Explore how the past is celebrated, obscured and recreated. You’ll study of a wide range of historical subjects, places and periods with a particular focus on heritage and public history.
The Heritage and Public History pathway offers you a solid grounding in historical skills, but extends them to encompass the analysis of places, objects, and buildings. You’ll consider:
How we turn ‘history’ into ‘heritage’
How cultural heritage has become such an important focus for study and debate
Who we think we are and how we negotiate our way through a complex world.
Alongside developing a specialism in heritage and public history, you’ll gain practical experience. We’ll help prepare you for a possible career, through activities such as planning a project, writing for the general public, and a placement in a museum or historic house. The insights you gain here could be invaluable in a wide range of jobs, including in the heritage sector itself.
By undertaking in-depth study in heritage and public history, you’ll be able to examine and confront the power of the past in the contemporary world. This takes us from the World Heritage City of Bath, on our doorstep, to the destruction of heritage sites in Iraq and Syria; from the history of slavery to its silent, largely unacknowledged memorialisation in the buildings of the city and the great houses set in the surrounding countryside.
Against this background, you’ll also explore the importance of heritage in the local, regional and national economy, how museums ‘work’, the skills needed to work in the museums and heritage sector, and some of ways in which the past is presented to and consumed by all of us. We’ll help you to take complex historical ideas and think about how to present them in different ways to different audiences; and how to apply these skills outside the University.
Typical offer range for UK / EU applicants
260–300 UCAS Tariff points.
Provides a basis for developing new historical skills and understanding, and an introduction to the study of ‘heritage’ and the concept of ‘public history’. You’ll think about the different ways in which we approach historical study and about evidence and interpretation. You’ll learn how to ‘read’ a historic object or landscape as you would a document, and about how our attitudes towards such material have changed over time.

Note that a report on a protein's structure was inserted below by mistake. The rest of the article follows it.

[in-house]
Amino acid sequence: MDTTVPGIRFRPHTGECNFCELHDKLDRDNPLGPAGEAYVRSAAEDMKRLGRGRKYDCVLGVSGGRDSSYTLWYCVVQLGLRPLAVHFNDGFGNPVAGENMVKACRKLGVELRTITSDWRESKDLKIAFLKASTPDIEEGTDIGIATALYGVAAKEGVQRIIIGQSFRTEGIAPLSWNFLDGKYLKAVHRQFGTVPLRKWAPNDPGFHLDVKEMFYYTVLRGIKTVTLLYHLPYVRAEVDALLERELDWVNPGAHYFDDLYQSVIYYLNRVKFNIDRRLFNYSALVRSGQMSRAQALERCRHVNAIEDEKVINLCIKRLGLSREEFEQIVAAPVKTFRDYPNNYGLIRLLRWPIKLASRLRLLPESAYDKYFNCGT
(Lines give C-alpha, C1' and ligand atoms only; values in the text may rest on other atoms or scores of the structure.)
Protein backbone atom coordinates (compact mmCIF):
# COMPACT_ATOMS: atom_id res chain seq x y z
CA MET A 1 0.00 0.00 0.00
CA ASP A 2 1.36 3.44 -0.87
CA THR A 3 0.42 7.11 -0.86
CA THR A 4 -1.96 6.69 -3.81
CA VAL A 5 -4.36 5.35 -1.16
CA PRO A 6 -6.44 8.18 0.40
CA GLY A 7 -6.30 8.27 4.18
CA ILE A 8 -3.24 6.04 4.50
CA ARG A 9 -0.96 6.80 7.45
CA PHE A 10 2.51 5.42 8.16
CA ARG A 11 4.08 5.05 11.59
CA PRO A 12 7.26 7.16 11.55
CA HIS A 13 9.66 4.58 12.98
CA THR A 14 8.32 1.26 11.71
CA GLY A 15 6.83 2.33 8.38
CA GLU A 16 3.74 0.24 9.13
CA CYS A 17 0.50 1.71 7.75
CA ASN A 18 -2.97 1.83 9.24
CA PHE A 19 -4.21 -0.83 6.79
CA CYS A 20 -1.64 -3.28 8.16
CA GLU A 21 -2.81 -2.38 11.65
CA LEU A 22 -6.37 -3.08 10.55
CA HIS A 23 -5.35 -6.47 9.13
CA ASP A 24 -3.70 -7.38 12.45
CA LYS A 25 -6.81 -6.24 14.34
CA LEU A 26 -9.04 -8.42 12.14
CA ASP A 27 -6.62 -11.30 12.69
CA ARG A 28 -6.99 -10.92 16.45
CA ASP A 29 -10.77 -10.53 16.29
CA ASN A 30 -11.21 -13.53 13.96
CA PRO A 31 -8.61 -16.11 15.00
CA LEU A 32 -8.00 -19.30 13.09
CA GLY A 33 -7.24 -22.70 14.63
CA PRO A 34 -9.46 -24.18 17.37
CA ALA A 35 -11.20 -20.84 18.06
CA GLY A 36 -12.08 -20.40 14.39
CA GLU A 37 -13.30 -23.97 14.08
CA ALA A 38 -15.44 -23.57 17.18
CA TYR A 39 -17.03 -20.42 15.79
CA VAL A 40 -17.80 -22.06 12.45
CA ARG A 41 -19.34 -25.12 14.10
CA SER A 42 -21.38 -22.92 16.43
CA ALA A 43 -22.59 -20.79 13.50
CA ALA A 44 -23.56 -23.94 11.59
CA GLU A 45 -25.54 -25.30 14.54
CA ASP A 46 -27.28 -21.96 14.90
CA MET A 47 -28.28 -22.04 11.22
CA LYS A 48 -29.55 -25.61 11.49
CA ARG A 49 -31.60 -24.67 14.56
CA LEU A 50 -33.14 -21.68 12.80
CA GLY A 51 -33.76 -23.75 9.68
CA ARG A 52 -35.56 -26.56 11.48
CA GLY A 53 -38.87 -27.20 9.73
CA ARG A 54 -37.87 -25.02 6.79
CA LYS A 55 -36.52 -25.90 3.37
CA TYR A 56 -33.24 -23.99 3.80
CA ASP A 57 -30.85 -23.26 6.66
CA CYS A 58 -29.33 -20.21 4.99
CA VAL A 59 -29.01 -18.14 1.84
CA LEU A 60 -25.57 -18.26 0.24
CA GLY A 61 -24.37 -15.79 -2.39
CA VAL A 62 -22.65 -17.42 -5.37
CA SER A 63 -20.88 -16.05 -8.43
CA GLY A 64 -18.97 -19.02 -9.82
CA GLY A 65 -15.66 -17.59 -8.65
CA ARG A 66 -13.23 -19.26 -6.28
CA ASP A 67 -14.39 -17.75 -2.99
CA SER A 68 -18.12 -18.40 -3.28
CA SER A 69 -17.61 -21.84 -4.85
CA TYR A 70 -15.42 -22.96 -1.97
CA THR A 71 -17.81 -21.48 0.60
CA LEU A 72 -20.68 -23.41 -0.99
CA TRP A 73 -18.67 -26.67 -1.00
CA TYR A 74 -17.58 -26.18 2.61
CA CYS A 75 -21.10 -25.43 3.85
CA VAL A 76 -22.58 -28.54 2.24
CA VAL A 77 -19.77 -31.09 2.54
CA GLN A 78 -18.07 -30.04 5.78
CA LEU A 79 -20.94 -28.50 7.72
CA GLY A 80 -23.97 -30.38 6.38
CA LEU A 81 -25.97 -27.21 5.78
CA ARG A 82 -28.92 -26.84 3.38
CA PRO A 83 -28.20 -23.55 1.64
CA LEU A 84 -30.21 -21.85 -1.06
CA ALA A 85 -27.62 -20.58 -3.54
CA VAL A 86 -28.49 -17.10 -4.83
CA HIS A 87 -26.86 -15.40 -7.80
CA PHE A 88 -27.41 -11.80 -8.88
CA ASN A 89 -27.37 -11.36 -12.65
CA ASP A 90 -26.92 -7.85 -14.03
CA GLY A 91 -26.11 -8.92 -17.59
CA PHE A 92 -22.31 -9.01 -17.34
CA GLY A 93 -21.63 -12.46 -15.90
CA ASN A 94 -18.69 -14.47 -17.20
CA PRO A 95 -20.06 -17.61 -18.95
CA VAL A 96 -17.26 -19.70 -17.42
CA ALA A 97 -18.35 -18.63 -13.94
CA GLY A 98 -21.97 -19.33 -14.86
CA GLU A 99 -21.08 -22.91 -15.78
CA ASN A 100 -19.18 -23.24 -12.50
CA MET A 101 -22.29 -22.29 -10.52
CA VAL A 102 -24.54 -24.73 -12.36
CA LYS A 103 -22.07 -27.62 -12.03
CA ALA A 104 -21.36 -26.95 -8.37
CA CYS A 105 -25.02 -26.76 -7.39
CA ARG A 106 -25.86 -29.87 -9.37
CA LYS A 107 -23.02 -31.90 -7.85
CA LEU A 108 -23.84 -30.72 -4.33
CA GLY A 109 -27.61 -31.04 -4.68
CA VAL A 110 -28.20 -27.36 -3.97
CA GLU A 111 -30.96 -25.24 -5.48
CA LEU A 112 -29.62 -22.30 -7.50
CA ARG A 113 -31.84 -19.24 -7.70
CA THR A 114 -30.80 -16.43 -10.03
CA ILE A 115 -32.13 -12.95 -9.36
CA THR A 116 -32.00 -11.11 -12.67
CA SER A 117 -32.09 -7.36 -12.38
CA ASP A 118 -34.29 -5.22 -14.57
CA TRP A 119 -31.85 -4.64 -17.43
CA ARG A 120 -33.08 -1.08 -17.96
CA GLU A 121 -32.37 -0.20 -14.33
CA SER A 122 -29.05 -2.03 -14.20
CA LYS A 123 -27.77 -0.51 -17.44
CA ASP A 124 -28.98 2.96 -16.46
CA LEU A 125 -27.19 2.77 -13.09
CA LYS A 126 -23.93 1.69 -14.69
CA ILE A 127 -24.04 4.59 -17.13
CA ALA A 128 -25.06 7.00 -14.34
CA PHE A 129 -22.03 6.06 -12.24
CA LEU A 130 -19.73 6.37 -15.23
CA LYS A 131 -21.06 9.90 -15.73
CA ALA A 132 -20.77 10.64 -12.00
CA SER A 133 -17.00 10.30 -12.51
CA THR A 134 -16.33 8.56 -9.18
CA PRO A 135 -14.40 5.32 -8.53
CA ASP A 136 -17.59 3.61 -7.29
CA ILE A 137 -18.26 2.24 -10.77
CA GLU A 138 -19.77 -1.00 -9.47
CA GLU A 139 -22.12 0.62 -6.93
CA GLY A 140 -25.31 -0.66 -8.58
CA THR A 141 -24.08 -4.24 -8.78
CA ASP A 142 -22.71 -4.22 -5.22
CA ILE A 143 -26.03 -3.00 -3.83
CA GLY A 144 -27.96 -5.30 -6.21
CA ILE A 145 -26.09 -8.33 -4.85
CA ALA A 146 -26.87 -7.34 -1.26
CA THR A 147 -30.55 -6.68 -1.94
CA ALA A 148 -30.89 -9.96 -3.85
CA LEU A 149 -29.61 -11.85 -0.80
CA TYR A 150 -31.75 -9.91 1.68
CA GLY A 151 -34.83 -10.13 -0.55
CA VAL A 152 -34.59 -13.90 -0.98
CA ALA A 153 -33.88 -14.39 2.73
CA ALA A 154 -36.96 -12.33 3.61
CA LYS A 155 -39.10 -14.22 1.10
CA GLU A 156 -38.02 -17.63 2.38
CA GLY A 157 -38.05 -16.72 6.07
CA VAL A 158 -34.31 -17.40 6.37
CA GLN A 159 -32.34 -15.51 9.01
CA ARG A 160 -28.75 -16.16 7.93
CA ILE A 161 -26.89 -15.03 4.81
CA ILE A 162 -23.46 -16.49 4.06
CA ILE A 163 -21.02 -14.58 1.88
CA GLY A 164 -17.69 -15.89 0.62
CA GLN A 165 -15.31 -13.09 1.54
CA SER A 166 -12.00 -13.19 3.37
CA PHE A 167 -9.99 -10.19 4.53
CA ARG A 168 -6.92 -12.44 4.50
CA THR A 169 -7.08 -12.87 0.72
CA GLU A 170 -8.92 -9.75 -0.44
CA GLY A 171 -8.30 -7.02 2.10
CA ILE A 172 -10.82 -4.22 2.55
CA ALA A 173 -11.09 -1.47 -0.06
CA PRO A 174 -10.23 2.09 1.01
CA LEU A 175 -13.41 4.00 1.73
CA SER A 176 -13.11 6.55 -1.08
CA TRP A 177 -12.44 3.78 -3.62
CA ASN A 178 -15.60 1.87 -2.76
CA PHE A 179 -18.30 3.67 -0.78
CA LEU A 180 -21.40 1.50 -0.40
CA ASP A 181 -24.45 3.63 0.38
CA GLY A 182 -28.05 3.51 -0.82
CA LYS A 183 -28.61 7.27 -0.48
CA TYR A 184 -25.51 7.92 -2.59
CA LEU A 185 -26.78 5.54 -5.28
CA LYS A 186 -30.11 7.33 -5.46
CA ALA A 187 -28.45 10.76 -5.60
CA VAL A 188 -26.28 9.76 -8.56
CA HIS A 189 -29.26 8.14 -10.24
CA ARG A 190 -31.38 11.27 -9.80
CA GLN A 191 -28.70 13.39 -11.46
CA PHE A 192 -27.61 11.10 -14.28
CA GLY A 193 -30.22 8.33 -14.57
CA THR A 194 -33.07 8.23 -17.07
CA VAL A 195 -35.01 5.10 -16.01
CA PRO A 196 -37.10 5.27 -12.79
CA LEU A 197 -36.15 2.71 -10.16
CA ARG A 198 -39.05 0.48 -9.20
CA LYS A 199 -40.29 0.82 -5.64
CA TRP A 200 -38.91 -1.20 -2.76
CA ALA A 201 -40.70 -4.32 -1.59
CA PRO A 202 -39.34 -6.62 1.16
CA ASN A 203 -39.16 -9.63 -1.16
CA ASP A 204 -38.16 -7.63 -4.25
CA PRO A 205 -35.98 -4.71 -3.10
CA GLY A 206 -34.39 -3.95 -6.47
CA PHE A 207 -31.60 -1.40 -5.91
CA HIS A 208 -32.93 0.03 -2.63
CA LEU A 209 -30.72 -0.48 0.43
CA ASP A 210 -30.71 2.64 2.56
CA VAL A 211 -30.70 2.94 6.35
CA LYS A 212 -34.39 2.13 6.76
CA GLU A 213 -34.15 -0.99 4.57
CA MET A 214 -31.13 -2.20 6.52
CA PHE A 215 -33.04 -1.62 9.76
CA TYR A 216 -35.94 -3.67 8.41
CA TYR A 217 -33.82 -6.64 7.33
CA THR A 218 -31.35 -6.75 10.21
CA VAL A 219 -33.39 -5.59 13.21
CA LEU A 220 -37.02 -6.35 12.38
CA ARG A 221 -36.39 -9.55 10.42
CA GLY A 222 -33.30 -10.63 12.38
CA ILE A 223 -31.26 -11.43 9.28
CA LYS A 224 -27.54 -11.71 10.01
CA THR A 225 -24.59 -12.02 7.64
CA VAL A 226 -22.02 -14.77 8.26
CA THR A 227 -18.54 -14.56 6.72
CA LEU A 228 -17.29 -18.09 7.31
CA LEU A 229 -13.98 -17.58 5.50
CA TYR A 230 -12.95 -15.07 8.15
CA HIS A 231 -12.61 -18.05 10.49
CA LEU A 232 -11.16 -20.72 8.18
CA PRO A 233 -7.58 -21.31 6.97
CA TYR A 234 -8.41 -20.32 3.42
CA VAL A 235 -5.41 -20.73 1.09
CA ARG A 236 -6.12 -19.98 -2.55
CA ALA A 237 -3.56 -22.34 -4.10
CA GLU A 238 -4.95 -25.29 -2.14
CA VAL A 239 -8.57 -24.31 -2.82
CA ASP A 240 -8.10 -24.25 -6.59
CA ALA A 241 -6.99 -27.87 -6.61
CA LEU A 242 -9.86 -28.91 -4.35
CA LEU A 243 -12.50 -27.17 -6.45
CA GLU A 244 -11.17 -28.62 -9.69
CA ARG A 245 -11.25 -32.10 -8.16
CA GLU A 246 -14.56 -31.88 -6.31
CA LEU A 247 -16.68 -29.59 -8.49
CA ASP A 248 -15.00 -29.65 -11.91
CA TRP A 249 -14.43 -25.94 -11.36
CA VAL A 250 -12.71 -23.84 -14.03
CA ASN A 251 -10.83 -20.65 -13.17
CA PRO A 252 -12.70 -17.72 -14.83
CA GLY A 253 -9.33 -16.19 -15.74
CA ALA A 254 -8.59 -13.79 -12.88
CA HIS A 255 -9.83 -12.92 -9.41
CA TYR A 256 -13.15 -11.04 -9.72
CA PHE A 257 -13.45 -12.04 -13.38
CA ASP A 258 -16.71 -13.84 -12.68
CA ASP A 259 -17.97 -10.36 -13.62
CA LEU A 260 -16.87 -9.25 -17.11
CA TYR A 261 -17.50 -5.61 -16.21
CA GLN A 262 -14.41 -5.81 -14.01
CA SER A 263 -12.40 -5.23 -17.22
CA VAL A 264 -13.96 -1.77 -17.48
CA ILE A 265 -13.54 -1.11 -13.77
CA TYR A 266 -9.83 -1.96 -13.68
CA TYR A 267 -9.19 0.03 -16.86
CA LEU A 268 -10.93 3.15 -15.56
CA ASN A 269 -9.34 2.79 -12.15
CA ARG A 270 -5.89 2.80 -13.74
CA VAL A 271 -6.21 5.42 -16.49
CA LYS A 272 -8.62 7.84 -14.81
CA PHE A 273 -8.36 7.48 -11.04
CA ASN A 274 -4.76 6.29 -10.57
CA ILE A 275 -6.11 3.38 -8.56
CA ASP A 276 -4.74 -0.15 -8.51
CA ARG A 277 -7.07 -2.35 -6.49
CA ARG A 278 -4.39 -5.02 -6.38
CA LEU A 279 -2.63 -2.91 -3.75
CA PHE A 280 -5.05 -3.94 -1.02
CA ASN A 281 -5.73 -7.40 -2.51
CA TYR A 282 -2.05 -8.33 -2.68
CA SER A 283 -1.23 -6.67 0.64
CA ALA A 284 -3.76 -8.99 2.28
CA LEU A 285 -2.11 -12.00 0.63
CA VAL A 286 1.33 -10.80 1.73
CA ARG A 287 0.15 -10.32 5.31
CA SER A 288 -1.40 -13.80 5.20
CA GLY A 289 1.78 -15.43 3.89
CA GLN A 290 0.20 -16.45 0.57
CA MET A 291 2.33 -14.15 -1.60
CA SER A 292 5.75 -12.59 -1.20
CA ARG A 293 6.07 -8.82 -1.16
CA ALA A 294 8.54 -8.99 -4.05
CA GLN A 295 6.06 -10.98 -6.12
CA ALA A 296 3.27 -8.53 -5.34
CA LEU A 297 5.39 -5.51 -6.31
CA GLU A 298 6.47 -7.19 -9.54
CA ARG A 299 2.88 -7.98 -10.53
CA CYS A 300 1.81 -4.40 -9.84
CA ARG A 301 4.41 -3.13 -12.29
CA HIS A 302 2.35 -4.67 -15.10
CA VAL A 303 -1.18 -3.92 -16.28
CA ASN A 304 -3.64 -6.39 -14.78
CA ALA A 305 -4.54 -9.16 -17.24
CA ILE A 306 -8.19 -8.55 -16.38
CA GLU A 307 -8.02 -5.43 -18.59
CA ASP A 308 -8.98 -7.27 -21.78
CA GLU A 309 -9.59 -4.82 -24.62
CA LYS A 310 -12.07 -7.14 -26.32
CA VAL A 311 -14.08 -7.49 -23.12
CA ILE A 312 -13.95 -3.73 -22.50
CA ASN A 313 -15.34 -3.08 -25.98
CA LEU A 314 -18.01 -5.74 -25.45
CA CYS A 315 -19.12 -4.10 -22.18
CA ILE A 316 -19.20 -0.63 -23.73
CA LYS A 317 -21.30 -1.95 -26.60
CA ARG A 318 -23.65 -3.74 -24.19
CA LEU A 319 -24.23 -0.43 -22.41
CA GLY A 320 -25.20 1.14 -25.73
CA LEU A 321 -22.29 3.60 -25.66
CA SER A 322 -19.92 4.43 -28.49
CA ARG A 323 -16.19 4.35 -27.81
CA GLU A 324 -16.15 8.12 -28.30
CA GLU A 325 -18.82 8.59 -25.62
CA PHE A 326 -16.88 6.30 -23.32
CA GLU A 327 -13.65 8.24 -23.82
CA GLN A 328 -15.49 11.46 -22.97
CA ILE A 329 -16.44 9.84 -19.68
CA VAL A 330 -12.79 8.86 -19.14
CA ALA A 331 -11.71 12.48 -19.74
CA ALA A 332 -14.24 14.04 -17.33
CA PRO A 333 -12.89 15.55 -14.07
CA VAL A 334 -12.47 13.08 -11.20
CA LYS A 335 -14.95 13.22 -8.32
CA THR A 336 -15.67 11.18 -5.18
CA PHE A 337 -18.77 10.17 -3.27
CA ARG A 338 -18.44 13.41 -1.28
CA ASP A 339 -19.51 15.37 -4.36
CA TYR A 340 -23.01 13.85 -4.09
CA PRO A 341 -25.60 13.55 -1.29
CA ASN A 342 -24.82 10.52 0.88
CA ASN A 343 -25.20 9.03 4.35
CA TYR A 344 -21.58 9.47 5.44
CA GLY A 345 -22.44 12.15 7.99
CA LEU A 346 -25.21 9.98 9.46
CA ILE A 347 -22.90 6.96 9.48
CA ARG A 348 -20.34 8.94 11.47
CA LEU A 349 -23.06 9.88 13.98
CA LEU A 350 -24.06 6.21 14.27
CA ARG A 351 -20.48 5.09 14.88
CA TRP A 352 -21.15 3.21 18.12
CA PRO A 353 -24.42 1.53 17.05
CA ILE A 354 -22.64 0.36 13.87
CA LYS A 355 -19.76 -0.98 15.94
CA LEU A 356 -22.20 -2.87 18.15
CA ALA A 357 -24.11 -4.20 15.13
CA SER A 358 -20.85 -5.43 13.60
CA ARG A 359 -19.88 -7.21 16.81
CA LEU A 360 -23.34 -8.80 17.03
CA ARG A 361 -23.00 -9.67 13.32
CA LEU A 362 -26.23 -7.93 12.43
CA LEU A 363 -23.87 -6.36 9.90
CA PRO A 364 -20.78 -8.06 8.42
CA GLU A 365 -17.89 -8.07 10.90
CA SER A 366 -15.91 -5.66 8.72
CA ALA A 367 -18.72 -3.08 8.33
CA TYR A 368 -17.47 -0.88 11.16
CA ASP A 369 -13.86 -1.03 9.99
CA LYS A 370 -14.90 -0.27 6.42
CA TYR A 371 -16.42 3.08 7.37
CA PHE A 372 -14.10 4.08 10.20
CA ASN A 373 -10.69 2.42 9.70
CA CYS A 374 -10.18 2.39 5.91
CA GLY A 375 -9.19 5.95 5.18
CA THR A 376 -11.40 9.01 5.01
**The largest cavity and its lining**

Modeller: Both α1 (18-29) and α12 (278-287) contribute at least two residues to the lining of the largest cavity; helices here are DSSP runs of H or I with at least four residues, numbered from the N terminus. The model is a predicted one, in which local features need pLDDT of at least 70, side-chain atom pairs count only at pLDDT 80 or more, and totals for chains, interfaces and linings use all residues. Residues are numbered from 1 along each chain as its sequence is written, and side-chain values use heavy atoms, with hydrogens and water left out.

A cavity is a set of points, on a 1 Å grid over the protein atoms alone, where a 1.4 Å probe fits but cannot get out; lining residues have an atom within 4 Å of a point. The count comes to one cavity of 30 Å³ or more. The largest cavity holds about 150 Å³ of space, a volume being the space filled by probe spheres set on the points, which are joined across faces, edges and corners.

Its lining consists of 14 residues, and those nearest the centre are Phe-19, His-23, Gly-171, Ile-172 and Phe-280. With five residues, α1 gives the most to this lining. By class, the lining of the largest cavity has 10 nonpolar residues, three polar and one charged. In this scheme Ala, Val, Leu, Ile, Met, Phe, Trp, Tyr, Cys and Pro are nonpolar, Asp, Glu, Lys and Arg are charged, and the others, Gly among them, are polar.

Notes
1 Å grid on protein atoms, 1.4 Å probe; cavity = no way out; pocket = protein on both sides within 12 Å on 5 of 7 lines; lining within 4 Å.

Offers more specialised study, drawing on modules which explore different historical periods and places, and a deeper exploration of why and how the past is valued – and sometimes abused – in the contemporary world. From the broad foundations of year one, you’ll now focus on your chosen subjects in greater depth, developing a more critical approach to your reading of historical texts and sources, and sharpening your own skills in analysing and interpreting evidence – and in presenting your findings.
Is your chance to show just how far you’ve come. Your final dissertation or project allows you to design, implement and present your own piece of work, examining a historical question which matters to you, and thinking about how you might present your work in different contexts and for different audiences. You’ll also have a range of module choices, usually on topics that most closely reflect the research interests of the History and Heritage team.
Those of you with a particular interest in heritage and public history, and perhaps an ambition to work in the industry, might decide to apply for the Year in Professional Practice placement, between year two and year three. If you are successful, this will give you comprehensive experience of how heritage works, with one or more of our partner organisations, and a great foundation for your final year of formal study.
History and Heritage graduates have entered a range of professions including teaching, event management, and heritage management. Our graduates now work for organisations such as the National Trust, Wiltshire County Council and Bath Preservation Trust. Some of our students go onto to study for a Masters degree, including our own highly regarded MA in Heritage Management, and then to a PhD.
¡Infórmate ahora sin compromiso!